This is a bonafide globe-trotting adventure with filming taking place at Morocco, Sicily, Scotland, and England. This is in addition to filming at Pinewood Studios. The practical sets and filming are a key ingredient for the franchise. It’s on full display here and filmmakers travel to the various countries. It gives the film a level of authenticity that you just do not get with green screens. Say what you will about The Volume but it’s no substitute for being practical. Production designer Adam Stockhausen certainly rises up to the challenge when it comes to designing the practical sets on the soundstage. A Manhattan subway stop is fully recreated on Pinewood’s 007 Stage and it’s just beautiful.
I never had any doubts about James Mangold as a filmmaker. I’ve enjoyed watching his work in recent years. However, it’s a challenging task with having to fill the shoes left behind with Steven Spielberg stepping down. It’s something that Colin Trevorrow knows all too well with helming two of three Jurassic World movies. And yet, Mangold gets the job done here. He really works the movie magic by giving us a dose of nostalgia to Harrison Ford’s younger days. While it still looks astonishing to see Ford as he appeared in the late 1980s, it’s a bit weird hearing his present-day voice during the opening sequence. It’s one of those things that can take someone out of the film but outside of that, the sequence works.
Mangold works with cinematographer Phedon Papamichael as they pay their homage to Douglas Slocombe. Slocombe’s lighting helped establish what an Indiana Jones film should look like. Papamichael’s work follows in Slocombe’s footsteps. There are other–grittier–moments in the film that owe a bit to the likes of Taxi Driver and The Conversation. Look for my interview with the two-time Oscar-nominated cinematographer to run soon on Below the Line.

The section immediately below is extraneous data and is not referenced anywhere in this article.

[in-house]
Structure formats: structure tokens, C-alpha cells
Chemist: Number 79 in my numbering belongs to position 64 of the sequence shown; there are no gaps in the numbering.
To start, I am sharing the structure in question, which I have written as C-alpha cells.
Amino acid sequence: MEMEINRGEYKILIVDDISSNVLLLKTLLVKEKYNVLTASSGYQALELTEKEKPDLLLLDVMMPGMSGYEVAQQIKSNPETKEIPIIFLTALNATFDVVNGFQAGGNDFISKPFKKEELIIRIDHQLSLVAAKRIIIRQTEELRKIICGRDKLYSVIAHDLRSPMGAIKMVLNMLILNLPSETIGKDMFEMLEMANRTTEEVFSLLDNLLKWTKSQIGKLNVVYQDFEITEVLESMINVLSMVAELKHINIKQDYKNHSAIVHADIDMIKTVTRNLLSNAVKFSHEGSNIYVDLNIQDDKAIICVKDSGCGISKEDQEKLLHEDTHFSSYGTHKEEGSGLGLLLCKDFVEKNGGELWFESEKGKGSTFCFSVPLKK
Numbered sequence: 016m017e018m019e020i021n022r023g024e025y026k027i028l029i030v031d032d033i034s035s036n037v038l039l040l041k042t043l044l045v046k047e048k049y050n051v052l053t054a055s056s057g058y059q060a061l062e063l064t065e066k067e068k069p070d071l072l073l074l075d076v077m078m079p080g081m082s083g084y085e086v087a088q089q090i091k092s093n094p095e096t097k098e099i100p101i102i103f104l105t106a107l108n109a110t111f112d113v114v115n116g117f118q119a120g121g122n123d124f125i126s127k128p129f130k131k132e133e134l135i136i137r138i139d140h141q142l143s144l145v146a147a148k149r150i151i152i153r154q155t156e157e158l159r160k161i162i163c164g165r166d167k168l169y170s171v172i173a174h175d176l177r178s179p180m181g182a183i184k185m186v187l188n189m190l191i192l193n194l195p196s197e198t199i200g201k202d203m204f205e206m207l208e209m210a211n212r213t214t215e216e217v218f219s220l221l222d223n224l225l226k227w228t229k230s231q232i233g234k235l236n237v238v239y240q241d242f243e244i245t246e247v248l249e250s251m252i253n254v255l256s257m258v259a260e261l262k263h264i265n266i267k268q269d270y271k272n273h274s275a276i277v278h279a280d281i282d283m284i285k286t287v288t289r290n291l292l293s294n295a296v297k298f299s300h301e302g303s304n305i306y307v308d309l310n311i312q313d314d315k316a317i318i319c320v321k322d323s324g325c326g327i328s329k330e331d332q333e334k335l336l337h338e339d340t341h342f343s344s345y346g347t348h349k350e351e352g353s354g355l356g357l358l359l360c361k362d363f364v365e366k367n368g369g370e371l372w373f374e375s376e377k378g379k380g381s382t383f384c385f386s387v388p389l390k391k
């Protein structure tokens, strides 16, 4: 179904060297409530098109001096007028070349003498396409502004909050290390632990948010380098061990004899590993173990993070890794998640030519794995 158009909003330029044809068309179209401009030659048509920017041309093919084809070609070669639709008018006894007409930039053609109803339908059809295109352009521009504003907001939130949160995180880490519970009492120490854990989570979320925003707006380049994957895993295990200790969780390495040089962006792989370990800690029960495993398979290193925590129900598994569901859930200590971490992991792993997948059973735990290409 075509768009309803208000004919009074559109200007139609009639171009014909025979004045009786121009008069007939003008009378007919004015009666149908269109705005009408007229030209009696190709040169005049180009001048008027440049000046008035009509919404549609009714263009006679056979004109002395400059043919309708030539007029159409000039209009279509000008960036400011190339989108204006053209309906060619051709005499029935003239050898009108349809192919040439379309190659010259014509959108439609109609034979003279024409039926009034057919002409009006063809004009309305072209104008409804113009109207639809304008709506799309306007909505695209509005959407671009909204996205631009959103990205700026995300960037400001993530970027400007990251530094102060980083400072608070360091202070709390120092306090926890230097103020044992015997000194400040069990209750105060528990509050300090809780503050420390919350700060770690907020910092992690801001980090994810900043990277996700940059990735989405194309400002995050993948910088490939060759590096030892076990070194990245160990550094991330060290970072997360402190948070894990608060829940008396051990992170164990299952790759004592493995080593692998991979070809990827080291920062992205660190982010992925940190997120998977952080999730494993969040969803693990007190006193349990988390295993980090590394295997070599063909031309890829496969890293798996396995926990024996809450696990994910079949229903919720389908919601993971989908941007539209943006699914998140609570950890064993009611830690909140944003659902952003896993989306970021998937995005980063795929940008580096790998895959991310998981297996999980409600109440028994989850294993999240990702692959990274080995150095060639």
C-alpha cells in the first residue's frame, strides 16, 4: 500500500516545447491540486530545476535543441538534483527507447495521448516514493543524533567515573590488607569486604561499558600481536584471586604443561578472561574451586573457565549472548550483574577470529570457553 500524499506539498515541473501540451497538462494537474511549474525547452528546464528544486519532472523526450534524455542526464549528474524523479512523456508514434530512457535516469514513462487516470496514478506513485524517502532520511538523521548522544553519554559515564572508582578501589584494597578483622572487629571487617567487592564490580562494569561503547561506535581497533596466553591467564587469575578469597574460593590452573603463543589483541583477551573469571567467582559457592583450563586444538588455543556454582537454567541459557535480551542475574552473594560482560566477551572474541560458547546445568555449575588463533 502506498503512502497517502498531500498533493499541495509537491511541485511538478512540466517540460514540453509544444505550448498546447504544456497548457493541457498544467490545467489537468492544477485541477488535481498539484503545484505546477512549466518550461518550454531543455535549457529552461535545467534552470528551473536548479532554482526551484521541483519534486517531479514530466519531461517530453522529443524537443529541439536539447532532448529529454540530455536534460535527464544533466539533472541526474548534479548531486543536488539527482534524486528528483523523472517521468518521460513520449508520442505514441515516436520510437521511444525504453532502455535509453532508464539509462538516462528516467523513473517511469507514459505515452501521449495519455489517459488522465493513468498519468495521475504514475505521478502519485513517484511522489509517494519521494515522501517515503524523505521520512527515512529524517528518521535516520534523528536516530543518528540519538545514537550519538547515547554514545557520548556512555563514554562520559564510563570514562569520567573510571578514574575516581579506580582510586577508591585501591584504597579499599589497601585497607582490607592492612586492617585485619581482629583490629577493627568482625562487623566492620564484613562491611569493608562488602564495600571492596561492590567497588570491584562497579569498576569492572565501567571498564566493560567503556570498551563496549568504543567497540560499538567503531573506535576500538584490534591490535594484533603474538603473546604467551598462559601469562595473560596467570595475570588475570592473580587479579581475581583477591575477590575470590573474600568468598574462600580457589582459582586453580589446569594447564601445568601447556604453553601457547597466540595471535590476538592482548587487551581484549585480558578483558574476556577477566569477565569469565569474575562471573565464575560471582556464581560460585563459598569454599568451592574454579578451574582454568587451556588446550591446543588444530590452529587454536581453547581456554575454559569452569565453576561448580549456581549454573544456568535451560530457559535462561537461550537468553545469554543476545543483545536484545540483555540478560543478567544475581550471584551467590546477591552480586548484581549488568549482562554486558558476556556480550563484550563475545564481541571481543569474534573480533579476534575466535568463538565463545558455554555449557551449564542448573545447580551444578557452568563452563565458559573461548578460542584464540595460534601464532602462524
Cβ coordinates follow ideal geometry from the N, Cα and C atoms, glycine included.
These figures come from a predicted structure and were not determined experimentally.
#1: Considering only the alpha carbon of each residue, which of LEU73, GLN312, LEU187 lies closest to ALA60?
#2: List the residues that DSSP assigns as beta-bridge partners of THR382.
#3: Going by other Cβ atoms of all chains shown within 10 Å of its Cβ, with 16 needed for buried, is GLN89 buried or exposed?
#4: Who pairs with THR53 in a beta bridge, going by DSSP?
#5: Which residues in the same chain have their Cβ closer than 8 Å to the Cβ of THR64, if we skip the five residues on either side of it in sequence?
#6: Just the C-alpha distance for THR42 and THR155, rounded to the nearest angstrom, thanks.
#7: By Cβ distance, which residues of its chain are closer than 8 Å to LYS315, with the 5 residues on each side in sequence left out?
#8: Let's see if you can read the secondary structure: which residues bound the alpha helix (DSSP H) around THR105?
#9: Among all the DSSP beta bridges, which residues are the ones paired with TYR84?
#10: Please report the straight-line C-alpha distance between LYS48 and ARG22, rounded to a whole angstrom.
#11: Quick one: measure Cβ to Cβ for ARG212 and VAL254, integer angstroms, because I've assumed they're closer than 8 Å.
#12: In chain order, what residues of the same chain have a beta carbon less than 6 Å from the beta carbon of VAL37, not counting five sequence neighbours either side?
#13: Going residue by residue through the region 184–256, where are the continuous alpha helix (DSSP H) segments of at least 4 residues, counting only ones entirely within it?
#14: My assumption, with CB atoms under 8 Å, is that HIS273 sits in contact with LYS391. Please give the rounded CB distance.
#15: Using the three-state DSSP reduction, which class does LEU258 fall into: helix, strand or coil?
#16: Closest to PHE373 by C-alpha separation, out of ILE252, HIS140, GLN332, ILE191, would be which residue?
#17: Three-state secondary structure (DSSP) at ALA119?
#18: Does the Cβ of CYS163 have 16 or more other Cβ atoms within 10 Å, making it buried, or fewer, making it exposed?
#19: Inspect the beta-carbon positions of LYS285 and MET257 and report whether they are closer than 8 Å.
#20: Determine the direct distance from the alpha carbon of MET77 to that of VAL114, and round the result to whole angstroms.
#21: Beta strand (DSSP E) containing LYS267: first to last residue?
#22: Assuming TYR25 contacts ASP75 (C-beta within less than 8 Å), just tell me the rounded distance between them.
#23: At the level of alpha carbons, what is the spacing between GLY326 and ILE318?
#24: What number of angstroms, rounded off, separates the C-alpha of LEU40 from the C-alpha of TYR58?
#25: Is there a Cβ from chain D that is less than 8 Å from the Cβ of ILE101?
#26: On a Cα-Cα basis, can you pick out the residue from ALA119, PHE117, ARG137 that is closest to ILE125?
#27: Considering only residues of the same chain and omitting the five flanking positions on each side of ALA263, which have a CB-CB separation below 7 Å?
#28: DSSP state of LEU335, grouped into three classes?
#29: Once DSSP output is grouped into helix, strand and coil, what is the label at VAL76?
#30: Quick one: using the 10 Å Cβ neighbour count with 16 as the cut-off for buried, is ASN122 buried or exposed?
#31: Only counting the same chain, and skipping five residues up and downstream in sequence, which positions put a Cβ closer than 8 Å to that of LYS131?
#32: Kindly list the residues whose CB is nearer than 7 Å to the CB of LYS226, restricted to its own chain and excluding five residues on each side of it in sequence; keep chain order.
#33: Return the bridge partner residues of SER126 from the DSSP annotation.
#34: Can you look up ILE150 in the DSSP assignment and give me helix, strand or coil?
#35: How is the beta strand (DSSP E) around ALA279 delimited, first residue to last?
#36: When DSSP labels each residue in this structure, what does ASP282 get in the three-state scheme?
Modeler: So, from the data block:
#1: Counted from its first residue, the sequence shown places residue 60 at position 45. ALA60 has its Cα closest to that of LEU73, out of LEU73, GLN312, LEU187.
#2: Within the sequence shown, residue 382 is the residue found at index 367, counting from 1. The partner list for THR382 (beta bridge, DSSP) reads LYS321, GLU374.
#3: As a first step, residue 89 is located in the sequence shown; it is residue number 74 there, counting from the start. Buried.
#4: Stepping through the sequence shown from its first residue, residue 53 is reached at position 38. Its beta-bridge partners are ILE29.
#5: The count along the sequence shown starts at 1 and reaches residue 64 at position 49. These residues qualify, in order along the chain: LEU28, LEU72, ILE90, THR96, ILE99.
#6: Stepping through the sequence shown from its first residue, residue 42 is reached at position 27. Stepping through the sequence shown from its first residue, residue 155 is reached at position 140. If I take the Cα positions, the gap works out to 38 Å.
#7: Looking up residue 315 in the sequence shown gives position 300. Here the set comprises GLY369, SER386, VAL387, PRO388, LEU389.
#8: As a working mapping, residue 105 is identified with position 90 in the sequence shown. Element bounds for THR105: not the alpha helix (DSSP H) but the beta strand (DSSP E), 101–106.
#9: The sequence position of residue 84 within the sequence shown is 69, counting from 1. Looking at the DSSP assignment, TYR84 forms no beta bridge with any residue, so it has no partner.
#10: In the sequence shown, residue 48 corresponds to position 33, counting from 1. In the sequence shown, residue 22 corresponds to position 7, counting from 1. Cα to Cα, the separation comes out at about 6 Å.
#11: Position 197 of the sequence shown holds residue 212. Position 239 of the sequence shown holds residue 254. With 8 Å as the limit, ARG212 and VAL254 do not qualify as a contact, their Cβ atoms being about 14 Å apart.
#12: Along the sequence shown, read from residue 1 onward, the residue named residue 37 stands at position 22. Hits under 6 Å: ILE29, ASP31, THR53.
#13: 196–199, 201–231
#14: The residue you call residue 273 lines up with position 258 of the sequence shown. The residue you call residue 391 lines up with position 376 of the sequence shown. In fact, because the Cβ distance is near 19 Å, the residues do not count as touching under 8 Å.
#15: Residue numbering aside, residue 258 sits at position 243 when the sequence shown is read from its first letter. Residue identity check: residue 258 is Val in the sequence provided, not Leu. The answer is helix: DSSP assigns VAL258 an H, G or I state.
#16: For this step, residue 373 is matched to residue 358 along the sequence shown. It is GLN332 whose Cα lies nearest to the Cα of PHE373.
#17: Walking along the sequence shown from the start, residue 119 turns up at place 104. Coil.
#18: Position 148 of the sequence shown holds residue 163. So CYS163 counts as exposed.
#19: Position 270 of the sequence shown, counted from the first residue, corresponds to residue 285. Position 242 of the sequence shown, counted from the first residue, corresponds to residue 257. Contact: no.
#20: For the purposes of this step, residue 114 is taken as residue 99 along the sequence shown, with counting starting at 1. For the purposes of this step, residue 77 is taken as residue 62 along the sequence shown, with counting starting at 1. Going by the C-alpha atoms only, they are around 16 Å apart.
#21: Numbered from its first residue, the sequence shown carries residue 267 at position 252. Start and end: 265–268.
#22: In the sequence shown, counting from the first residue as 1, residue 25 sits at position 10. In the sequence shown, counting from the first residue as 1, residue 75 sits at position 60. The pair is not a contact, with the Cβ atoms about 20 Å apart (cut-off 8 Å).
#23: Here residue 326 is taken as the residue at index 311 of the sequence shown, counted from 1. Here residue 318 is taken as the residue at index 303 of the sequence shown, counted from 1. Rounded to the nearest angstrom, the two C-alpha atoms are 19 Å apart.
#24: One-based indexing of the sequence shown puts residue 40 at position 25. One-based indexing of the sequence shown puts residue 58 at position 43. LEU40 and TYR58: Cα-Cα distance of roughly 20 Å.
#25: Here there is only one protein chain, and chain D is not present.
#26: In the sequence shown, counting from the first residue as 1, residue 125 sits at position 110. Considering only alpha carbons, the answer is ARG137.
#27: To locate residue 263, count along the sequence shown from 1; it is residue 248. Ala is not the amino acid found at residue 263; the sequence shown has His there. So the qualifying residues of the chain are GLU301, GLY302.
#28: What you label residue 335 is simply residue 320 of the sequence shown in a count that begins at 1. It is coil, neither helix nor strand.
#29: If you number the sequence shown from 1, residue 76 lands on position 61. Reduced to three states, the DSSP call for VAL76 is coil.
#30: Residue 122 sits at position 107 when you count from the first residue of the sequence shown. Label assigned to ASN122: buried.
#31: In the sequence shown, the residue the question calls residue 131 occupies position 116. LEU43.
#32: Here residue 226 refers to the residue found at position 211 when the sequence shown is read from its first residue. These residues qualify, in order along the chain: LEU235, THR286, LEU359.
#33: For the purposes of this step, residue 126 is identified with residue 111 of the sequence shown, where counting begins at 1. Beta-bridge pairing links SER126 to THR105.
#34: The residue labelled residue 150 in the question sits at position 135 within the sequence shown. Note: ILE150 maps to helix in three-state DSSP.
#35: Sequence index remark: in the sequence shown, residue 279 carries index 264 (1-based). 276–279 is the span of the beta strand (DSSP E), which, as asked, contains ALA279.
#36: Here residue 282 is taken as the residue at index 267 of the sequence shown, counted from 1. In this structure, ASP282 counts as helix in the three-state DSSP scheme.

With this film, the the Archimedes Dial now joins a list that includes the Sankara Stones, the Holy Grail, Ark of the Covenant. Where those relics are religious in nature, this one deals with science. It was inspired by the Antikythera mechanism, a Greek mathematical device. Unlike the real one, they add some movie magic in a way that they can.
There are certain things that are necessary for an Indiana Jones adventure. The filmmakers know what they have to do in order to make this film a success. Bringing back the Nazis are a perplexing choice given Steven Spielberg’s earlier comments about using them as villains after making Schindler’s List. However, it’s a choice that works perfectly in the context of the film. Voller makes the character a perfect villain for the film. He never plays over-the-top and grounds his performance in reality, which is unfortunately still relevant right now. And again, it’s an absolute blast watching the film. I had fun while watching the film–that’s for sure. It’s a long one but I never looked at my watch once. For me, that says something about a film’s pacing.